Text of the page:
Friday, July 24, 2015

Trainwreck: The Romcom is Back

Amy Schumer is one of the funniest people on the planet right now. If you've seen even a single sketch from her Comedy Central show, Inside Amy Schumer, you know that is an indisputable fact. So it should not be a surprise that Trainwreck, a movie written by and starring Schumer, is a laugh riot. What is a surprise however, is how wonderfully romantic this movie is, managing to give you the feels while simultaneously making you laugh maniacally. Earlier this week I wrote about Catastrophe, a show written by two comedians that manages to embrace filthy humour and heartfelt romance in one glorious package. Trainwreck accomplishes the same feat. That is the true purpose of a romantic comedy, and it's superb to see this dying genre resurrected in such splendid fashion.

Schumer stars as Amy, a single New York woman who enjoys drinking, getting stoned, and having sex. Thanks to early childhood experiences, she is of the opinion that "monogamy isn't realistic," and is constantly at odds with her sister, Kim (Brie Larson), who is married with a stepson and has her life very much together. Amy writes for a men's magazine, and she is assigned to do a profile on a sports doctor who treats the New York Knicks and other high-profile athletes. And so she meets Dr. Aaron Conners (Bill Hader). While their initial meeting is a little contentious (in typical romcom fashion), they quickly find their rhythm, and before long, Amy discovers she is in a full-blown relationship. But a leopard can't change its spots overnight, and the entire thing starts to unravel.

There are some very familiar romcom beats throughout the movie (the ending in particular hearkens back to great romcom moments), but what is so thrilling about Trainwreck is what has always been so thrilling about romantic comedies in general: the chemistry between the two leads. Schumer and Hader are so witty, quick, and in sync with each other. It's like watching a 30's screwball comedy with Cary Grant and Rosalind Russell or Spencer Tracy and Katharine Hepburn. Here are two actors who are happy to act foolish, don't take themselves too seriously, lob jokes at each other with unrelenting glee, and then melt your heart with grand romantic gestures. It's just spectacular.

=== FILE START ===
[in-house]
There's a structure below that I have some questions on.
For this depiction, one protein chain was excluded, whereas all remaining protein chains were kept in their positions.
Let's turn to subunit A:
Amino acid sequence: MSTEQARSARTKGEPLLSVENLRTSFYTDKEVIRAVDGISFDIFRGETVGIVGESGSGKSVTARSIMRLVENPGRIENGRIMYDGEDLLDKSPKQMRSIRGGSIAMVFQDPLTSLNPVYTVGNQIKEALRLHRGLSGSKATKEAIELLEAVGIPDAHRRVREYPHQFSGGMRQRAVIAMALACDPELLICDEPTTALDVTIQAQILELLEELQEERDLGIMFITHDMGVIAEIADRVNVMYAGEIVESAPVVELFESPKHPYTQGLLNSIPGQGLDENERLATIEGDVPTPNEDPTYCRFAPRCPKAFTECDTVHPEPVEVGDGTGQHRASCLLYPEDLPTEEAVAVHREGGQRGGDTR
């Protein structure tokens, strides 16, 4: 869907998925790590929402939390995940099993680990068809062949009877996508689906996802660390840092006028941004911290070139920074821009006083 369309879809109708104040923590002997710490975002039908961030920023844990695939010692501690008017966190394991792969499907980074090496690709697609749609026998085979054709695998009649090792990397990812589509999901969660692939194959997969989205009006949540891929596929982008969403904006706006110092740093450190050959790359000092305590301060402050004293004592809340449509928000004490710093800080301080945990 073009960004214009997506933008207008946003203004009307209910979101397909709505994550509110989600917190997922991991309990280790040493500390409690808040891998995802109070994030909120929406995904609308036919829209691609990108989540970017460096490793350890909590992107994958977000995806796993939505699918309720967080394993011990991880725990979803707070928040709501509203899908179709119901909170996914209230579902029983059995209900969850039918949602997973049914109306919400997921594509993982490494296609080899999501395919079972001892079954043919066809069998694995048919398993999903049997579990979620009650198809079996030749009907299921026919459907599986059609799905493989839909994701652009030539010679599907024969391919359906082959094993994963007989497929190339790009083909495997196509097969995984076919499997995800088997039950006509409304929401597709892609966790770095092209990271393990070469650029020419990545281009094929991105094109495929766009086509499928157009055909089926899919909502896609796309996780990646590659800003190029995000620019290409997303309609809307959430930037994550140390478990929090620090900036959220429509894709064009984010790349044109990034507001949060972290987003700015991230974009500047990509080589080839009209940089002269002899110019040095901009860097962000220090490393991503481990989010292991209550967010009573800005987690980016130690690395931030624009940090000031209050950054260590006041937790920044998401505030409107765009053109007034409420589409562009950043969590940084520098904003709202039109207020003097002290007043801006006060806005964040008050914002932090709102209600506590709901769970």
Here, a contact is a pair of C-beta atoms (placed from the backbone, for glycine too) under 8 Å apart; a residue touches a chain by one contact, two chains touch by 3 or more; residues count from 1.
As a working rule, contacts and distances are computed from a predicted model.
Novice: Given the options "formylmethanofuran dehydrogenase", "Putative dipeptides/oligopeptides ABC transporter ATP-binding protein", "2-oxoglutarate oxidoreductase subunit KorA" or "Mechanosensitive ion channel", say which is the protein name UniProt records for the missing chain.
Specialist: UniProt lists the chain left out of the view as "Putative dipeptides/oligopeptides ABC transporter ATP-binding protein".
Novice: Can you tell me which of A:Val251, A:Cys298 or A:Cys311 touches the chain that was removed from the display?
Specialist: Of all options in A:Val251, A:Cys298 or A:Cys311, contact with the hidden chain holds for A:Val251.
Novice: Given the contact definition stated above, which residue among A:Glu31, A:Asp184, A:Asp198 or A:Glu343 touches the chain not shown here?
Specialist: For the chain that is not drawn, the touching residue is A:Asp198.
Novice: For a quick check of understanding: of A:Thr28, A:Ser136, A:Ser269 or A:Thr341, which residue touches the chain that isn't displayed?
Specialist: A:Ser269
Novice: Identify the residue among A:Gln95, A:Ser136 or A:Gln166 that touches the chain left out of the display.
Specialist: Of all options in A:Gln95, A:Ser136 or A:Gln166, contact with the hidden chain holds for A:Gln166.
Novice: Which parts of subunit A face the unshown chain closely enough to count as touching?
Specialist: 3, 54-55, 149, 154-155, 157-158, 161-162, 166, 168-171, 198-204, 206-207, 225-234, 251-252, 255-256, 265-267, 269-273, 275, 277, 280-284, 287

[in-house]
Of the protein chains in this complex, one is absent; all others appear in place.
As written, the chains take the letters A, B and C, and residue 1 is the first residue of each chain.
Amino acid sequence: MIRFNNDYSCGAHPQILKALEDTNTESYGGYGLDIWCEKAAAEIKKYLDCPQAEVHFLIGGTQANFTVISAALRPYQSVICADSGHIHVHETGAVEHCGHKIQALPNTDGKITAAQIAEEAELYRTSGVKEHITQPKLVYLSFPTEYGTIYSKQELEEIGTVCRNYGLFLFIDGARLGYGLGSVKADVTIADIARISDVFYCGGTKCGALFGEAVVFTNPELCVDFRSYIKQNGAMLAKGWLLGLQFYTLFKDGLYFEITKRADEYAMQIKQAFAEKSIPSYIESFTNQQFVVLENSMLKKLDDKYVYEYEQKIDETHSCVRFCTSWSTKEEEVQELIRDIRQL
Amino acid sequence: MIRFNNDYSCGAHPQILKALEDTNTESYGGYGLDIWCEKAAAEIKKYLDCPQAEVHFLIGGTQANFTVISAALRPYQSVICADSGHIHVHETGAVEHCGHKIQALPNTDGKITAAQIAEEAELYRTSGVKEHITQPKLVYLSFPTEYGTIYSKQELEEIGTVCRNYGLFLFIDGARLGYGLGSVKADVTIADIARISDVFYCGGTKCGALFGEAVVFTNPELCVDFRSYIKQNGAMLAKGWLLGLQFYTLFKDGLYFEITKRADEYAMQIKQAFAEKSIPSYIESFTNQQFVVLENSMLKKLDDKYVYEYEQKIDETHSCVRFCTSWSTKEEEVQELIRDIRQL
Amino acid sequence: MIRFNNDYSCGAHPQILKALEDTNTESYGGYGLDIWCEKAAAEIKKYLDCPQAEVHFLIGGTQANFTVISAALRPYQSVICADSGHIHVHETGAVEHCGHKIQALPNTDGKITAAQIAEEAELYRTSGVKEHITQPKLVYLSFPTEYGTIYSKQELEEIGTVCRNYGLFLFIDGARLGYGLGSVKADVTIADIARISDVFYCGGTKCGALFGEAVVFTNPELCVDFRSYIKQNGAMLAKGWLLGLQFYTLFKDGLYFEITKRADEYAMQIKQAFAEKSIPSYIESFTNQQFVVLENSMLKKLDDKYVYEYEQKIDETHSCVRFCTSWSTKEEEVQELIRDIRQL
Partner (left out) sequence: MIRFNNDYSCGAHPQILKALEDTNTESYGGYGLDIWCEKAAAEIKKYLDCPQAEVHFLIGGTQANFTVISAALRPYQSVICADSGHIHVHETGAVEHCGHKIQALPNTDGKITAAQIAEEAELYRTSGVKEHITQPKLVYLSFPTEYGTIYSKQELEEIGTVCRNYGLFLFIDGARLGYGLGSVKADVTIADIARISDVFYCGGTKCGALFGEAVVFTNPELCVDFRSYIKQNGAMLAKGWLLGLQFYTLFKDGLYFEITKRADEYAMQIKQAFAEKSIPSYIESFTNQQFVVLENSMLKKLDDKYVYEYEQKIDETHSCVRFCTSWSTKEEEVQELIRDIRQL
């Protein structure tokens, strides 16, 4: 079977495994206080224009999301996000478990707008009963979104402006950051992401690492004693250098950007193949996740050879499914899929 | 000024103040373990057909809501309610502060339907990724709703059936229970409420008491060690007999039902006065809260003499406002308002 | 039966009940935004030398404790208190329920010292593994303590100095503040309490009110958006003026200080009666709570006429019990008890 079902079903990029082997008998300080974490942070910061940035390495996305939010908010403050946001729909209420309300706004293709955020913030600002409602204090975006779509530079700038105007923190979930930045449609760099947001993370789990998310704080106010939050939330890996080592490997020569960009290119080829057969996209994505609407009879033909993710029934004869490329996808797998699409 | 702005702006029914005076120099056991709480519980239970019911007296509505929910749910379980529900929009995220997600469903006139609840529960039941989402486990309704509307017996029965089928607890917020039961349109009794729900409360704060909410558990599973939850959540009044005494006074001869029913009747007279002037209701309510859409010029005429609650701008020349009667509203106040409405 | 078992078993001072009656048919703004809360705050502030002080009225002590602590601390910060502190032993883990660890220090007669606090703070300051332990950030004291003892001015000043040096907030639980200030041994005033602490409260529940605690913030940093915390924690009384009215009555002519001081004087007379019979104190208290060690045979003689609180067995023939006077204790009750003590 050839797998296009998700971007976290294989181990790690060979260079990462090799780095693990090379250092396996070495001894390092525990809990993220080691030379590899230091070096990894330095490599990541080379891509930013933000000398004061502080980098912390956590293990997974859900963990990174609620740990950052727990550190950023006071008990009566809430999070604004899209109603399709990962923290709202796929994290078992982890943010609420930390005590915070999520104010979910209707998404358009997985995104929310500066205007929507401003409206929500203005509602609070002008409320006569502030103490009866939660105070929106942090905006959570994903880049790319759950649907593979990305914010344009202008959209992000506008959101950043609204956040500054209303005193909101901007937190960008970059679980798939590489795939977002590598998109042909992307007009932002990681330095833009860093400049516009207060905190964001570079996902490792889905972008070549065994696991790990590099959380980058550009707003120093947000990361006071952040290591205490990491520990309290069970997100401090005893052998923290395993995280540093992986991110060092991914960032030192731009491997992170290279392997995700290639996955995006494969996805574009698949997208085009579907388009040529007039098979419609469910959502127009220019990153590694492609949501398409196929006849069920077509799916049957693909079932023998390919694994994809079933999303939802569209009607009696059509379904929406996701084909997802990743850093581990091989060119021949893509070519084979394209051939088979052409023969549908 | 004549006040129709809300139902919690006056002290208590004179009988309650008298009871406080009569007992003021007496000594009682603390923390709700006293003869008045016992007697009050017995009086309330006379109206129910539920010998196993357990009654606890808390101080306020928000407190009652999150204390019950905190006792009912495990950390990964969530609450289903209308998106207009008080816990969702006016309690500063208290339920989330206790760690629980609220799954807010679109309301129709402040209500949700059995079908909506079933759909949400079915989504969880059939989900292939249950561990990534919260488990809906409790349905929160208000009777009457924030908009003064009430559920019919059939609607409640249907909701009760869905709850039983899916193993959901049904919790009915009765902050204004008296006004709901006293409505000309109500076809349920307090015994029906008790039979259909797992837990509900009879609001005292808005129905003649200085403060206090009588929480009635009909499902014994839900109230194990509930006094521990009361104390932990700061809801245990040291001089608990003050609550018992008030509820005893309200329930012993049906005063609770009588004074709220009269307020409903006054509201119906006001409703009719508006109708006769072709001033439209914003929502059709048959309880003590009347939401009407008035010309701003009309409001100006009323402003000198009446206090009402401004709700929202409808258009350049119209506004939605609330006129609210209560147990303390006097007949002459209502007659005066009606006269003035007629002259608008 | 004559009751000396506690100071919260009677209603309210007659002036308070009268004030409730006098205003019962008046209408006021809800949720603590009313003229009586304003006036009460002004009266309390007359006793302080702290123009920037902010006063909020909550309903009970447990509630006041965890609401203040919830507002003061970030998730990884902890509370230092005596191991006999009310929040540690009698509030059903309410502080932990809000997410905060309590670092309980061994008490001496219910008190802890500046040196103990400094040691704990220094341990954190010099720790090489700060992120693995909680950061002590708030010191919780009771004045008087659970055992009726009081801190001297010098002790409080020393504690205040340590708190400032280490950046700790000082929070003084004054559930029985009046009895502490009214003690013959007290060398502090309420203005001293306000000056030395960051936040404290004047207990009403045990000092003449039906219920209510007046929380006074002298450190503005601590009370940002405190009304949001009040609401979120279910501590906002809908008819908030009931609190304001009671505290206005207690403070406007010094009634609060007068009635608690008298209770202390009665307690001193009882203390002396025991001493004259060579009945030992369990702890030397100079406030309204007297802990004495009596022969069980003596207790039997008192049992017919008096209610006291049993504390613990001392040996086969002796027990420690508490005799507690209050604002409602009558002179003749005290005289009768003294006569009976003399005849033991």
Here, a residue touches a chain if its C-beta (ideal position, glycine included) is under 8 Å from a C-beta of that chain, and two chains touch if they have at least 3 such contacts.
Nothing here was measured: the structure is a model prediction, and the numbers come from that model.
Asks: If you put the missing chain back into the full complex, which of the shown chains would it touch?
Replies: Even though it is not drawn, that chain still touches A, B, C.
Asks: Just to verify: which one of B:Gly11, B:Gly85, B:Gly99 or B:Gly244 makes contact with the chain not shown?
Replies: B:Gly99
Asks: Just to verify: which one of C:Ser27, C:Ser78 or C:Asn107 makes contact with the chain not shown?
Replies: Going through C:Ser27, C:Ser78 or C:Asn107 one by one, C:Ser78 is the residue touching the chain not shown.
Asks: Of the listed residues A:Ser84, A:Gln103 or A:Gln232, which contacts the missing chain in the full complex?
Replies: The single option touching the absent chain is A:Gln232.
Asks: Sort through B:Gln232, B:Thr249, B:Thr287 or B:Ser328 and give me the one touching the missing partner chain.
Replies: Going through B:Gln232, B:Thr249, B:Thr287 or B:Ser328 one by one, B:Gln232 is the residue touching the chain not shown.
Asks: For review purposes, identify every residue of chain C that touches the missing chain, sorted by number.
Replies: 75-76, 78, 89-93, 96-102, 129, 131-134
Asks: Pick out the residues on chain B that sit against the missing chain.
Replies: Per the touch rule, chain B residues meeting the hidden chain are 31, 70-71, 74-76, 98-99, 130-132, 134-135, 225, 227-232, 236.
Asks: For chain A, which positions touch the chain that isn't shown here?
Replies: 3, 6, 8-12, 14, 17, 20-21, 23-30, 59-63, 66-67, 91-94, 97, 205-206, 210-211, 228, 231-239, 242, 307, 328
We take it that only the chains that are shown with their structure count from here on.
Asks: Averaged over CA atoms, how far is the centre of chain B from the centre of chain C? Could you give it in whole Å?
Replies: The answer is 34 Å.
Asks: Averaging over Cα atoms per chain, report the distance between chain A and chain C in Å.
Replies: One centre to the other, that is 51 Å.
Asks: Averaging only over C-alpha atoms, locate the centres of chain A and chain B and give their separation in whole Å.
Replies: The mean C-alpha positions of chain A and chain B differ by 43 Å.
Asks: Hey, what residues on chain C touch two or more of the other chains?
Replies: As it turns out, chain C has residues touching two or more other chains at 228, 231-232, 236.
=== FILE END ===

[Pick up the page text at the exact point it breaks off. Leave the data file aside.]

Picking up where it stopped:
Lest I forget, the supporting cast is magnificent, which is the key to most romantic comedies. While the central pair need to sizzle, the antics of the people around them are equally important to keep things moving, and in this movie we have people like Colin Quinn, Tilda Swinton, and of course, LeBron James, to keep things bizarre and interesting. And there's the great city of New York, always playing its part in the background. I was on vacation in Toronto when I saw this movie, which certainly colors my feelings about the film, but it managed to capture everything I love about the city. Quite frankly, any movie that sets a scene in Alice's Teacup is instantly on my Top 10 list.

Amy Schumer's writing is predominantly responsible for the greatness of Trainwreck. She has done a wonderful job of creating a character with a confident, cool-girl exterior who also has insecurities and a vulnerability that isn't a weakness but just one more facet to making her a complete human being. Director Judd Apatow also deserves a huge amount of credit for letting Schumer run with this movie and ensuring that the final cut is true to her incredible vision. Hader's sensible silliness is the perfect foil to Schumer's manic energy and the two of them have proven that they are movie stars who deserve many more leading roles in the future. So run to the theater and experience Trainwreck. You will laugh uproariously and be swept off your feet.

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